Article in Scientific American (will open in a new tab) Last year, the authors, led by cosmologist Chanda Prescod-Weinstein, wrote:
“The tapes clearly show that Webb planned and participated in meetings during which he passed on homophobic material. There is no record of him deciding to stand up for the humanity of those who are being persecuted.”
But according to a 2021 Nature article. (will open in a new tab)“David Johnson, a historian at the University of South Florida at Tampa who wrote the 2004 book The Lavender Panic, says he has no evidence that Webb directed or instigated the persecution. gays, but the context of the meeting was to contain the hysteria fueled by members of Congress. “I don’t see him playing any leadership role in the lavender scare,” says Johnson.
Would it have been better if Webb had passively pursued policy rather than led the prosecution? Other government departments actively opposed (will open in a new tab) investigation and dismissal of LGBTQ+ employees.
Echoes of controversy
Space instruments are usually named in a consultation process, often with an invitation from the public to share their ideas. It’s also not unusual for spaceship names to change. For example, the Gamma Observatory in 1991. (will open in a new tab) was renamed in honor of the physicist Arthur Holly Compton. (will open in a new tab) after its launch.
The name of the Webb telescope was reportedly chosen (will open in a new tab) by NASA Administrator Sean O’Keeffe in 2002.
Official response from NASA. (will open in a new tab) the controversy is that “there is currently no evidence to justify changing the name of the telescope.”
Whatever Webb’s role in Lavender Panic, the question for some observers comes down to whether he was personally homophobic.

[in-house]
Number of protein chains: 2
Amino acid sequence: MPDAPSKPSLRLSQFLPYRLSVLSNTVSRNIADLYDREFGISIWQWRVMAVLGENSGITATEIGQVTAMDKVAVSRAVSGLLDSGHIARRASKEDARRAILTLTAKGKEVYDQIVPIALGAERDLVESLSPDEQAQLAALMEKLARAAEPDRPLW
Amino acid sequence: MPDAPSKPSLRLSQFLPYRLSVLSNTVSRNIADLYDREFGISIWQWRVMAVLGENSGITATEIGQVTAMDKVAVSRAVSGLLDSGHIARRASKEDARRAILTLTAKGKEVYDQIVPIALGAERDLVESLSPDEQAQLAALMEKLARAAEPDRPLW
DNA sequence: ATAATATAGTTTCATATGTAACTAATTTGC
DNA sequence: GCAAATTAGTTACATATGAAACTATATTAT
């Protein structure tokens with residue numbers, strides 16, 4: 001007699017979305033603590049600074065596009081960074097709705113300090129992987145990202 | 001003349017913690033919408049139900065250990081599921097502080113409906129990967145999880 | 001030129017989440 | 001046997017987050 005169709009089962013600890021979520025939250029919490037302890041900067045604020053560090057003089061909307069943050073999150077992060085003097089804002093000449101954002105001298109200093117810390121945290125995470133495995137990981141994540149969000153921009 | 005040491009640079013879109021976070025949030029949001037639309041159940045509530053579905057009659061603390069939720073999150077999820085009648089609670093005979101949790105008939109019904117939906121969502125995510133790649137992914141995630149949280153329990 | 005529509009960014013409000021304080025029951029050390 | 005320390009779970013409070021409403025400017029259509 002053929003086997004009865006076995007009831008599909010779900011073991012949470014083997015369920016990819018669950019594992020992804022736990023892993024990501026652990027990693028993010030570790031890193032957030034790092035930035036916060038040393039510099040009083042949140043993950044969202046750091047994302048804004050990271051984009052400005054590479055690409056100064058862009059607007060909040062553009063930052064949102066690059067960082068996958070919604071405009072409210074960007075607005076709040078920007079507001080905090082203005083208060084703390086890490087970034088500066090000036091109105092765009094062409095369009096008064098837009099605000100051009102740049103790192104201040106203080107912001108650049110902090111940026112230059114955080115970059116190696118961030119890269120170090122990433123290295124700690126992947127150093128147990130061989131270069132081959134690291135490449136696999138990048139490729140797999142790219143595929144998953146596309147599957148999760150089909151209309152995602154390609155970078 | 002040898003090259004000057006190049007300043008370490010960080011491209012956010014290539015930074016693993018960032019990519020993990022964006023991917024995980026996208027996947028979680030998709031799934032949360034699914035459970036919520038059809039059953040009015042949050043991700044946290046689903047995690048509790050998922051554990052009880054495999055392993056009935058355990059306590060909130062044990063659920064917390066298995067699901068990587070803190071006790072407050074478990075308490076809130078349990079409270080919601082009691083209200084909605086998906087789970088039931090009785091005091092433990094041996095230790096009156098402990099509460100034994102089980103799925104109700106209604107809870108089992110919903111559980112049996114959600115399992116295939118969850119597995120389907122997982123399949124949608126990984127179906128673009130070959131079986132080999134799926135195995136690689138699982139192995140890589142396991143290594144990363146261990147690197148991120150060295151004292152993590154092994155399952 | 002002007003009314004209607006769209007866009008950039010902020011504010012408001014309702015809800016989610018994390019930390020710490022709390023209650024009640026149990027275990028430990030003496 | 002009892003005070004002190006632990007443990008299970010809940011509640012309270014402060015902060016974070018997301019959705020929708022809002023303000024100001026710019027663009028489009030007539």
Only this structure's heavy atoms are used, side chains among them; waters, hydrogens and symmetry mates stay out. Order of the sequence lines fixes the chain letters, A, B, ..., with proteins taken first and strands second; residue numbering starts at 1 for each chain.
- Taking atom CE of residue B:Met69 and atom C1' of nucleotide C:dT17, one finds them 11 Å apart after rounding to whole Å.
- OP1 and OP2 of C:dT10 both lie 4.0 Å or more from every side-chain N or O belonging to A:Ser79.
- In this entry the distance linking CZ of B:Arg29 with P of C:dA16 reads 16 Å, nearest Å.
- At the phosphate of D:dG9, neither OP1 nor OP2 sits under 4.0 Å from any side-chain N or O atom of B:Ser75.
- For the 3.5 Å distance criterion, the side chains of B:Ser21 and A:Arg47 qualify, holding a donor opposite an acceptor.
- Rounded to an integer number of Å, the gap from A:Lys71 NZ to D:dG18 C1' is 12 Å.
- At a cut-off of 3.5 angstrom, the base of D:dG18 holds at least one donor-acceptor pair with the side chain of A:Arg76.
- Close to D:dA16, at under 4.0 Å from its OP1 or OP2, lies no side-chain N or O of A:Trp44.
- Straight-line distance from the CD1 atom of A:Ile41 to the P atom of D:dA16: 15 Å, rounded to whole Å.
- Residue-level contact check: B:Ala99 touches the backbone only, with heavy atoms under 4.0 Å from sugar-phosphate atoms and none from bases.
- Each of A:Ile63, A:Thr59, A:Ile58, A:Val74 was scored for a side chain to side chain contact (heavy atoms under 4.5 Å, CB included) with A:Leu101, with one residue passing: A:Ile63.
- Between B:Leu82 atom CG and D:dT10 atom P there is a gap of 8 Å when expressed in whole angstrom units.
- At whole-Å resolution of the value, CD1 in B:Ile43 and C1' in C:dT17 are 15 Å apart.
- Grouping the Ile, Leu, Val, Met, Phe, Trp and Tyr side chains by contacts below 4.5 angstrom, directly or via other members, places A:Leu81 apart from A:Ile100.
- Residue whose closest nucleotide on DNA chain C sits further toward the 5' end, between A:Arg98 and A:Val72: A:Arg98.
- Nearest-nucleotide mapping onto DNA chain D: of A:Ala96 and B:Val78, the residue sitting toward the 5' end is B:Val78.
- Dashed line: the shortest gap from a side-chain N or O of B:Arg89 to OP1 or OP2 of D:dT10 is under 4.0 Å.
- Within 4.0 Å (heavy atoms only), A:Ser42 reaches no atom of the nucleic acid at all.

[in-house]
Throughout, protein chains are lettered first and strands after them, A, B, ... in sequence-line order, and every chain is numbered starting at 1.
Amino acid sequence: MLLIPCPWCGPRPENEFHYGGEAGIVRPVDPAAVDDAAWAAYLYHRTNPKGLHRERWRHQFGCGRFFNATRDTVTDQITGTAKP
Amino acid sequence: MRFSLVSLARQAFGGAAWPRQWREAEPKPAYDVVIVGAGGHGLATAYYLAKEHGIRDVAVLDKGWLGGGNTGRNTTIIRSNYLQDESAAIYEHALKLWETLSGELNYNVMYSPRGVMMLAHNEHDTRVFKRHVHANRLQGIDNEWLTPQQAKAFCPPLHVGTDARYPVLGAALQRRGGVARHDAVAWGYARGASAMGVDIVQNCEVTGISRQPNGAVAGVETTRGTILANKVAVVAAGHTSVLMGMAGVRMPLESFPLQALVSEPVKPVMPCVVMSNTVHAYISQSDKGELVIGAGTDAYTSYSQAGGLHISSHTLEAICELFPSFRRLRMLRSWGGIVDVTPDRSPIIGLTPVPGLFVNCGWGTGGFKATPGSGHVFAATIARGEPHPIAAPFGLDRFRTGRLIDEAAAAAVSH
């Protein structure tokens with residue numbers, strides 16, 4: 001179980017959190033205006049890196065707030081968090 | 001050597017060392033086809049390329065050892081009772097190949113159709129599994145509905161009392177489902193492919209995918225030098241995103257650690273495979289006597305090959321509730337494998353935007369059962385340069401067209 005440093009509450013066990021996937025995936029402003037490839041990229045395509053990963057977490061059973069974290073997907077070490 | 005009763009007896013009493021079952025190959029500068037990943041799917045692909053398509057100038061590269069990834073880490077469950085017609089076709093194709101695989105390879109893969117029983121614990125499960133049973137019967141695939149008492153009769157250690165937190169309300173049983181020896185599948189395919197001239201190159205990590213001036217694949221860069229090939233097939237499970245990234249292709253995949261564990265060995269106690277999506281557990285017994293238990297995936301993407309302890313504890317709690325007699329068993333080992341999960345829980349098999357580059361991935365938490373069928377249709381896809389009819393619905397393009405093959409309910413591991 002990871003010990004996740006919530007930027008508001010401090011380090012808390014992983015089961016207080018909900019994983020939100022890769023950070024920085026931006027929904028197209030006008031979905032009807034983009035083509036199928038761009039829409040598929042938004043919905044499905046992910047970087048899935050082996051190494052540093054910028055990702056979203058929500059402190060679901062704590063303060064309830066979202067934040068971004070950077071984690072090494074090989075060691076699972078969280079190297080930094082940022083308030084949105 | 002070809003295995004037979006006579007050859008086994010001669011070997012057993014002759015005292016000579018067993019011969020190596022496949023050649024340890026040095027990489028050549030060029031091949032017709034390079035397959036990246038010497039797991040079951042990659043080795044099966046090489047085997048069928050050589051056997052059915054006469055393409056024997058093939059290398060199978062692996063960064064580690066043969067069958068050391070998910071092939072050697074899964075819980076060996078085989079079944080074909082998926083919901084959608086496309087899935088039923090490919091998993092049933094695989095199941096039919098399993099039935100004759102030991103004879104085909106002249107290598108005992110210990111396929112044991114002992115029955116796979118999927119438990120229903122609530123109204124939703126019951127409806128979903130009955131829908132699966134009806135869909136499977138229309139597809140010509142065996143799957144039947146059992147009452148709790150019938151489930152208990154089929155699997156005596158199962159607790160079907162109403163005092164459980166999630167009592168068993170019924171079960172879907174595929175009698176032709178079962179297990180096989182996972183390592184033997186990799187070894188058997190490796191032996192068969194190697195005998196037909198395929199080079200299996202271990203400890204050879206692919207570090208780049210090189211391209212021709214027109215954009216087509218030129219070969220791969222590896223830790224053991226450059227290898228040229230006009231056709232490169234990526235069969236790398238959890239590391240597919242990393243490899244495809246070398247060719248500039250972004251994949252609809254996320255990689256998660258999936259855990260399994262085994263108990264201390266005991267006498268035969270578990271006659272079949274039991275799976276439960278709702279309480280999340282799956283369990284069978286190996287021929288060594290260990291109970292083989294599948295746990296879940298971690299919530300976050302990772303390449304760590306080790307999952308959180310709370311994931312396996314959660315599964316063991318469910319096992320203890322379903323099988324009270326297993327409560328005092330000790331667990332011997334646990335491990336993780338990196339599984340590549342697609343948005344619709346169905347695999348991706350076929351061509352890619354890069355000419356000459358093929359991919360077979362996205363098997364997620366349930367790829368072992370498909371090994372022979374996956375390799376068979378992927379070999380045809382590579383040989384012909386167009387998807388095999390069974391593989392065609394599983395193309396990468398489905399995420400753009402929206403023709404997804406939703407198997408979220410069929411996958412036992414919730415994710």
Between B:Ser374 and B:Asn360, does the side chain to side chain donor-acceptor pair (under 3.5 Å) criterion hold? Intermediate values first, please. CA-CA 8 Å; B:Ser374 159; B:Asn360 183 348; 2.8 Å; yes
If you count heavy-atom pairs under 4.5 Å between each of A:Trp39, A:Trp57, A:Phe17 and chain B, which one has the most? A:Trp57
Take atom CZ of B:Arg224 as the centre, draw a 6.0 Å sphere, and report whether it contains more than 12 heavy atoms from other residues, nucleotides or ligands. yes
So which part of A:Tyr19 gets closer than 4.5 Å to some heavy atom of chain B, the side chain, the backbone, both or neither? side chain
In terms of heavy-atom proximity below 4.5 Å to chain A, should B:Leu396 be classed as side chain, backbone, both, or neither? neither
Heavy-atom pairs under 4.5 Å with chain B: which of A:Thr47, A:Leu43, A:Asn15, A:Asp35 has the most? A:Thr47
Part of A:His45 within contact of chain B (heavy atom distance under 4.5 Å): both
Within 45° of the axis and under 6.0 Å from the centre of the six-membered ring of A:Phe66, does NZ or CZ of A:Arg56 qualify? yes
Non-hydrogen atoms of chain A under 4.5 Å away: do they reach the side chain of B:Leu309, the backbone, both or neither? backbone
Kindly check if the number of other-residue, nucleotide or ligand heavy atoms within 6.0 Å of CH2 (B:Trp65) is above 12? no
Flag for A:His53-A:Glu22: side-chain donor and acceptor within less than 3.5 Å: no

This formulation of the question has echoes of another dispute: the complicity of the German rocket scientist Wernher von Braun. (will open in a new tab) in the Third Reich.
Von Braun, Nazi Party member and SS officer. (will open in a new tab)played a key role in the US space program.
Today, NASA mentions von Braun’s Nazi past on their website. (will open in a new tab). But space historian Michael J. Neufeld says (will open in a new tab) “his Nazi record was not widely known until after his death.”
Many justify von Braun’s political loyalty by saying that he simply wanted to launch rockets into space.
Read more: Two experts break down the first images of the James Webb Space Telescope and explain what we’ve learned so far (will open in a new tab)
Where from here?
The James Webb Space Telescope is a touchstone for questions that have come to the fore in recent times.
For example, there has been a backlash against the memorialization of colonial “heroes” who committed violence against indigenous peoples and enslaved people, leading to the toppling of statues around the world. (will open in a new tab).
Some denounce the idea of inclusion as the highest degree of “awakening”. Others argue that the persistence of historical barriers to participation in science—based on race, class, gender, and disability—means we are losing potential talent.
Science must be objective and without prejudice. In fact, scientists and leaders of science are people like everyone else, with their own ideologies and shortcomings.
The question is whether we judge them by the standards of their time or by the standards we hold today.
After all, perhaps we should remember that the 1967 Outer Space Treaty (will open in a new tab) proclaims that the cosmos belongs all humanity.